This Board includes a mortgage specialist who (like our realtor) understands the investor market versus one who helps you find the funds to purchase your family home. There is a world of difference when it comes to understanding the way to finance investment deals, the right banks, the order of mortgages to be sought and a whole host of strategies to help you maximize your ability to secure as many deals as you are comfortable holding. Naturally, our Board also includes our chartered accountant (also a real estate investor) and lawyer to help us execute transactions etc.

But it remains our coach who helps us stay on track and avoid markets that do not represent strong opportunities for long-term, low touch, reasonable rates of return. We purchased most of our property (read properties) through our coach— BUT—not every property — which brings us to our first “learning experience”..

Five years ago, I read about a new, up and coming investor market which looked great on paper. I travelled to the city out west to tour the building site and learn more about this “community of the future”. We read articles, listened to speakers and heard from local politicians and public officials who all stressed the strength of the market. There was a growing population, a strong housing-starts statistic and a buzz about town that reminded me a great deal of what I saw in Grand Prairie and Fort MacMurray some 15 years prior. I read economic reports and thought I had done everything right—until it all went wrong.

This project was a “new build”. The townhomes and condos did not yet exist, although zoning and site services were well in place before we made our commitment. Now, investing in the new build market can be a very solid and successful strategy; not so for us.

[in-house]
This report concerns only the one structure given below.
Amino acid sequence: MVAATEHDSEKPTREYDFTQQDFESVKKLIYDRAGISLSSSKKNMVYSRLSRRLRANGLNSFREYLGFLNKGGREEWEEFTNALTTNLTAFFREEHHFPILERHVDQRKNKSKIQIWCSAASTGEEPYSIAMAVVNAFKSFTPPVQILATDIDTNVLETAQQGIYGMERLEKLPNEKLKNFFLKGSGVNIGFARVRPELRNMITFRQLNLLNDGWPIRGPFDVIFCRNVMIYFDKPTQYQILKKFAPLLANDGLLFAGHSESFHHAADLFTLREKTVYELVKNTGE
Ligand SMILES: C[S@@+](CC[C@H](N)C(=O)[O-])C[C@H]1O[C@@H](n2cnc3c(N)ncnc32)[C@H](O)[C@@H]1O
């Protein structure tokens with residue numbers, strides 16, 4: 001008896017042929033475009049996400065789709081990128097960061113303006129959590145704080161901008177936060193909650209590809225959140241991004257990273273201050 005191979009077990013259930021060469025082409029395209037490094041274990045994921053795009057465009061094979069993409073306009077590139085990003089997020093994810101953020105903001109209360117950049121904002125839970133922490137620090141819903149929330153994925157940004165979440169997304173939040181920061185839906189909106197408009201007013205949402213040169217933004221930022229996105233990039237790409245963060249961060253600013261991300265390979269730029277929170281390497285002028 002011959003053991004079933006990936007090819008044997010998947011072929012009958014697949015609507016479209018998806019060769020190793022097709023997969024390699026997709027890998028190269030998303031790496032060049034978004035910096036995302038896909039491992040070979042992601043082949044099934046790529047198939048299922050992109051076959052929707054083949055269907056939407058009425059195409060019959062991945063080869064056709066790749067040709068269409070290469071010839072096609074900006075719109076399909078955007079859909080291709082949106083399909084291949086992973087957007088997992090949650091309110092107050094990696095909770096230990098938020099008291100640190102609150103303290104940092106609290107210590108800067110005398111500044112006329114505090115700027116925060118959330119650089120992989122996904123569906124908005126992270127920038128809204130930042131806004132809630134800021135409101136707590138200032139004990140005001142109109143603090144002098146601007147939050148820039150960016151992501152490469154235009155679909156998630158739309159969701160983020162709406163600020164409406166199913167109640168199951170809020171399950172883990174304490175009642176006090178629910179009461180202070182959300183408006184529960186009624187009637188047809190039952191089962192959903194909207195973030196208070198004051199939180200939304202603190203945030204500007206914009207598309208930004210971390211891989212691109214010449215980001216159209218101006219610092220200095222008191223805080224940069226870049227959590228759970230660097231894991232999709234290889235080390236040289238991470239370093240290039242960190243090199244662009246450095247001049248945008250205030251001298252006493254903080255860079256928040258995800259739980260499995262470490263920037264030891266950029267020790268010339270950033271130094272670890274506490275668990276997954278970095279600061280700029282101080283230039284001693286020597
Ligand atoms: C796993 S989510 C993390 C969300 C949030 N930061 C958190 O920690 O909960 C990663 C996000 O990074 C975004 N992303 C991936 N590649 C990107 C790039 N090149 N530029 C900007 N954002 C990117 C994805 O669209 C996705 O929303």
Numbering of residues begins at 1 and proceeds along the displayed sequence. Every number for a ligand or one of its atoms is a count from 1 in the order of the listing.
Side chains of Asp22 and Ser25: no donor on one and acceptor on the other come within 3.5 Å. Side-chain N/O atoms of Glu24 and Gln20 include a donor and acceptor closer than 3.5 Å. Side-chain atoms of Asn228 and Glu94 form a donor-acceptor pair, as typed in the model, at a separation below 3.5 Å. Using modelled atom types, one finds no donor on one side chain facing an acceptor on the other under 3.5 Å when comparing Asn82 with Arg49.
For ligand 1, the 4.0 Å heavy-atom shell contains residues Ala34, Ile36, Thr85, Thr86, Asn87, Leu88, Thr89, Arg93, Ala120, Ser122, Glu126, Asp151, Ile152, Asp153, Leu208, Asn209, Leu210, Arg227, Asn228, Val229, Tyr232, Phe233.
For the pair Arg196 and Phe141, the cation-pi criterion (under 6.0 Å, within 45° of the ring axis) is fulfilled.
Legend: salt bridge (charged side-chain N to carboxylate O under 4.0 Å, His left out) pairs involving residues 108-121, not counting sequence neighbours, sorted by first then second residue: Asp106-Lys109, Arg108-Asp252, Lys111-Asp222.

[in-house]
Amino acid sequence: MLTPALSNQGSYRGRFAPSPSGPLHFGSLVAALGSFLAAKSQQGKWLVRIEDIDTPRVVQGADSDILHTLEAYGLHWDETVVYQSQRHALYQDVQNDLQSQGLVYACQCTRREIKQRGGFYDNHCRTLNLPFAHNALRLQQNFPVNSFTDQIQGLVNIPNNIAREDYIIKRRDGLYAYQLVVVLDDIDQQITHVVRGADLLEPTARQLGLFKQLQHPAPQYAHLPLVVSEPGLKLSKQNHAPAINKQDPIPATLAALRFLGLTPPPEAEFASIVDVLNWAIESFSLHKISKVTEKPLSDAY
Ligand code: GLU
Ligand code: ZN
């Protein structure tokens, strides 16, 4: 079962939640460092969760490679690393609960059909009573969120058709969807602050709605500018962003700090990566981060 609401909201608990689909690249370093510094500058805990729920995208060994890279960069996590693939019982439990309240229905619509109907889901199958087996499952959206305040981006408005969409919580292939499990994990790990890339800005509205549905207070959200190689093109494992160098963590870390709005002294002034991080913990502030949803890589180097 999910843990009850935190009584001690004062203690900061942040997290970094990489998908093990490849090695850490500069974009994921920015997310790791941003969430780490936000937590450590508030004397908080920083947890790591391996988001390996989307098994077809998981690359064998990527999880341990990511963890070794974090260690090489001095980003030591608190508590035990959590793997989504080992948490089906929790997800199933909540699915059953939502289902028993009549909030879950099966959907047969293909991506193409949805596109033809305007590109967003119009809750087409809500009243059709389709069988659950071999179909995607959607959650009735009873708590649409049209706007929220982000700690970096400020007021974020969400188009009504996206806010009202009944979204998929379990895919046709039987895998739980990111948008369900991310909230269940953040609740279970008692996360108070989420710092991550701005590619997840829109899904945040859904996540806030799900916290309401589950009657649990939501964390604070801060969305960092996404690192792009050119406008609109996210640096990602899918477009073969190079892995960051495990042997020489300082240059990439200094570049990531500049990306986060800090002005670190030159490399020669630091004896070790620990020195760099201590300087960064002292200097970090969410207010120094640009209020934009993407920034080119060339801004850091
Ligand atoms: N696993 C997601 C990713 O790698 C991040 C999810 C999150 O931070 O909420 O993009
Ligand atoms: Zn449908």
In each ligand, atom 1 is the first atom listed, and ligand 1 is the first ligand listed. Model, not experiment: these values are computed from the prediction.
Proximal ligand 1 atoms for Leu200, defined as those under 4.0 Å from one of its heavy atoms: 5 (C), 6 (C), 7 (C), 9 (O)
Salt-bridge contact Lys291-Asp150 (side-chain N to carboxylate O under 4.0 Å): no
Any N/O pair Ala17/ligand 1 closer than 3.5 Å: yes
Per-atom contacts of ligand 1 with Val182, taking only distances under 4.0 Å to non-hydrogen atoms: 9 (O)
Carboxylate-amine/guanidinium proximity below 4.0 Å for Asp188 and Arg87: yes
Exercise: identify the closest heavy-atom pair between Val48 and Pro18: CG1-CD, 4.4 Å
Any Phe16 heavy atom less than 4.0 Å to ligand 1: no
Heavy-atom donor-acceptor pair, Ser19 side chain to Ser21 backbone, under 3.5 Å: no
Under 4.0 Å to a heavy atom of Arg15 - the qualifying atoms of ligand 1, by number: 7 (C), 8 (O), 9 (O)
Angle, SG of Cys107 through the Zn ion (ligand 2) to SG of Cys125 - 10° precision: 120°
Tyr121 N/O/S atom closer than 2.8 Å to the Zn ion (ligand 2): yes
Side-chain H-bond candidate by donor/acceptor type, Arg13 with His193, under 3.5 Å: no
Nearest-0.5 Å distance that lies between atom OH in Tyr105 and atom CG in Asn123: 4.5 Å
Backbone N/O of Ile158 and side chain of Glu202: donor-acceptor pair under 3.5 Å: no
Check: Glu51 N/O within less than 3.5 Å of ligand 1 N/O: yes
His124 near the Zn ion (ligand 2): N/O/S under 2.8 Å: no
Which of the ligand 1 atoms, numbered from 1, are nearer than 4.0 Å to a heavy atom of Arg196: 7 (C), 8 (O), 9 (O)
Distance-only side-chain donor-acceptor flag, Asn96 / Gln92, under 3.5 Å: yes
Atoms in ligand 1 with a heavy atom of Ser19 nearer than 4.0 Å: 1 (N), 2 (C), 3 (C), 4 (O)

The market looked to be well diversified with several different industries employing a strong labour force. These included energy, agriculture, forestry and wood products manufacturing. There was evidence of net in-migration and strong local birth numbers that all suggested a great place to live and invest. Unfortunately, this market just happened to be located in British Columbia and in the second year of our mandate (while the unit’s construction was just being completed) the province elected a New Democratic Party (NDP)/Green Party coalition government.

Support for the investment community and a negative stand on energy markets (both oil and gas and hydroelectric infrastructure) threw out all the good news we had relied upon when we made our decision to commit to the venture.

The lesson we learned was that we had invested in a market that was too small to survive any perceived political instability. While our other units were also located in the West, the markets we selected just outside of Edmonton were in a much stronger and resilient position economically, to withstand Alberta’s election of their own NDP government.

This is not to say that the election of any government of any stripe is necessarily a bad thing. Shock and disruption however can be. We learned that market size, in addition to socioeconomic and demographic trends, can be a great arbiter of your ability to withstand bad news rather than any first impressions you might have touring a job site. Hint: they all look great.